In this article, I will show feature differences between the new full-frame Nikon D600 (FX) and the older cropped sensor Nikon D7000 (DX). I have received a number of requests from our readers asking me to provide this comparison, since many photographers are considering to move to the Nikon D600 from their D7000 cameras. Please keep in mind that this Nikon D600 vs D7000 comparison is purely based on specifications. A detailed comparison with image samples and ISO comparisons is provided in the Nikon D600 Review.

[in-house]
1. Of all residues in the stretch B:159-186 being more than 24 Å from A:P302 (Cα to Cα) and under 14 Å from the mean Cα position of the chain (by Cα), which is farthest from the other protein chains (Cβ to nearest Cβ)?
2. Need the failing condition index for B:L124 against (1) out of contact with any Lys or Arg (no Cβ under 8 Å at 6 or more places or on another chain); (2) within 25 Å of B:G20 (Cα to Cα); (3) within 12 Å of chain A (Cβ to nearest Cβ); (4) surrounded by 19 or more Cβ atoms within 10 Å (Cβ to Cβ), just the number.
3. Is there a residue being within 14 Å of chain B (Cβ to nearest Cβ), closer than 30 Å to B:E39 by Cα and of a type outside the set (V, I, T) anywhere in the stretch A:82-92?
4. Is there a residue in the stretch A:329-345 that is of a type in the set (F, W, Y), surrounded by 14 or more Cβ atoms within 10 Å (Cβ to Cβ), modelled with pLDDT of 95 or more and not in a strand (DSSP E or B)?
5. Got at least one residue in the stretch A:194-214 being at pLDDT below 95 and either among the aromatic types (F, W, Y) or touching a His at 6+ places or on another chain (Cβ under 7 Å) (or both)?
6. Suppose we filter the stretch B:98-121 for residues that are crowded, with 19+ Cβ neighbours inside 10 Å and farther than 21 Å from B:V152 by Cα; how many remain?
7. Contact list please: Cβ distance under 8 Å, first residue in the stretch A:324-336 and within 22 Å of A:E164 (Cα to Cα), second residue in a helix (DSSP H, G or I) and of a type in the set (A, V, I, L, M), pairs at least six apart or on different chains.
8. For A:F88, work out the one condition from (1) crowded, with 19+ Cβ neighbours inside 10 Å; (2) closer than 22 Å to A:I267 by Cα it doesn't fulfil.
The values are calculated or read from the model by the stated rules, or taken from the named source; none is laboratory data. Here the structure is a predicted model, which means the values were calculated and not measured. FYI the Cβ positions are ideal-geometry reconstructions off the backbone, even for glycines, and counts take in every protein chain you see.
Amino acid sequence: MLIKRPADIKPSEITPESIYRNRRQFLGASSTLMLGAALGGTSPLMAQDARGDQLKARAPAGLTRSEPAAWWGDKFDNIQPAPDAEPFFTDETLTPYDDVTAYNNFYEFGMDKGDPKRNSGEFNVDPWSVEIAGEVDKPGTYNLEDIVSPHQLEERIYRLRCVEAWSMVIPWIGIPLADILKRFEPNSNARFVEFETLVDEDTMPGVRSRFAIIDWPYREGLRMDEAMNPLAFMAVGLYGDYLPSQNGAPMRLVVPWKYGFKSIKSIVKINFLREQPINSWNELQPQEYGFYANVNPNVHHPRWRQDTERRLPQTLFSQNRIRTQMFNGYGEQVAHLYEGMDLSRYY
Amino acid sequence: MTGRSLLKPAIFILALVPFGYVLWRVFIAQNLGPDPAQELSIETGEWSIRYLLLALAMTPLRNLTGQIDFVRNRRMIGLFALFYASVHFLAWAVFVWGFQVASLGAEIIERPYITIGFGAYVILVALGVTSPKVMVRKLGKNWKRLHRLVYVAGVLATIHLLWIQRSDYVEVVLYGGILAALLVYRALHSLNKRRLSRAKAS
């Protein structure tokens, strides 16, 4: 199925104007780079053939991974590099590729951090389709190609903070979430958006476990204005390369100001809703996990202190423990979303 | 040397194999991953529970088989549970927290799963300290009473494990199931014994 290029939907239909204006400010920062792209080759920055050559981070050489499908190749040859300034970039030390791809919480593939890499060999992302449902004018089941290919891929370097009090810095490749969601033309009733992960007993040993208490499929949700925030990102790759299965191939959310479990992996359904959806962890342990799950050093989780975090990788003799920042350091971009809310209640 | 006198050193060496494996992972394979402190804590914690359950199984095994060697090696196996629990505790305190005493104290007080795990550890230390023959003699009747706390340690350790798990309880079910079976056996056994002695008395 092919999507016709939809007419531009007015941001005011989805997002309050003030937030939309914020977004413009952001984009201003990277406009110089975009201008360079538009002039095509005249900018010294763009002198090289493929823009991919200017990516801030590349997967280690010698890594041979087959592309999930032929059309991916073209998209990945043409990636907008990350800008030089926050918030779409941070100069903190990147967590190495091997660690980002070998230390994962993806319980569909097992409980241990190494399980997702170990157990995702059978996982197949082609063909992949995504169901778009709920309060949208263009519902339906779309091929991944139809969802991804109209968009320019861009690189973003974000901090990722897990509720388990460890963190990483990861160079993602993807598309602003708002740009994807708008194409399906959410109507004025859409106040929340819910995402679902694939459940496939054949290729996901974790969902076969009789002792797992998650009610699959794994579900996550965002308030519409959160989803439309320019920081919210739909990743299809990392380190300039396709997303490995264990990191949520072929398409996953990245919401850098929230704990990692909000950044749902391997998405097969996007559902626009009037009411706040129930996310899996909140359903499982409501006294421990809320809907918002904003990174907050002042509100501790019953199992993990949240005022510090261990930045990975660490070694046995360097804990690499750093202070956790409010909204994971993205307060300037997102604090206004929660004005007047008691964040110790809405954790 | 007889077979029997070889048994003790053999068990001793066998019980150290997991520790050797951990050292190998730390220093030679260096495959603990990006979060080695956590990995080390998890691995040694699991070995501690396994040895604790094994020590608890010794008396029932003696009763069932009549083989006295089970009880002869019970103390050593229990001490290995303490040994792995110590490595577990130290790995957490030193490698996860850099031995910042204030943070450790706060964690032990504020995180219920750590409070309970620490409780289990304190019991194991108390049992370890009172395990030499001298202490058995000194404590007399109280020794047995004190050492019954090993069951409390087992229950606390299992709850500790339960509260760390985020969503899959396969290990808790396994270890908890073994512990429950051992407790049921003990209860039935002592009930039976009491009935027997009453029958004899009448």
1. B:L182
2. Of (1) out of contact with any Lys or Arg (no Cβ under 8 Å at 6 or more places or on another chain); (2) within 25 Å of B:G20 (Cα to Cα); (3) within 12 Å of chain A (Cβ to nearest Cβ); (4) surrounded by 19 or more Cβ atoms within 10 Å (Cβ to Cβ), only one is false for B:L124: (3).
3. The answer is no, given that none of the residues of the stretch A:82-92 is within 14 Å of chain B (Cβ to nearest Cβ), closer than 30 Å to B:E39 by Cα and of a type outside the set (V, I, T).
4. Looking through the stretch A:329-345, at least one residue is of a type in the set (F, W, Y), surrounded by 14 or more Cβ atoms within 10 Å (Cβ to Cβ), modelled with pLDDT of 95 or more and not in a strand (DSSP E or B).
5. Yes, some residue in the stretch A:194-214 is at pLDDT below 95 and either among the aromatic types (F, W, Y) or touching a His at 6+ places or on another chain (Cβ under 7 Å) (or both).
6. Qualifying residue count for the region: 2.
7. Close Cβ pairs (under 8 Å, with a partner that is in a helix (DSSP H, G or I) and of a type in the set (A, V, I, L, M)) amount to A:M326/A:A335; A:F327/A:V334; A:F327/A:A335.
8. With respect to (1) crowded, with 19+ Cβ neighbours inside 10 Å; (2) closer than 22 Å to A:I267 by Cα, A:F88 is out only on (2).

With the ever increasing rate of technological innovation in the photography arena, it is not too difficult to get caught up in the latest camera model, lens, or other gizmo, all designed to take our photography to the “next level.” In the midst of our obsession with the latest and greatest, we need to remember that photography is, at least on some level, supposed to be fun! One of the best ways to inject a bit of fun into photography is to attach a fisheye lens to your DSLR. These marvels provide a unique curved distortion (in some cases a full 360 degrees) that add a bit of character and spice to otherwise rather common photos and provide a unique perspective.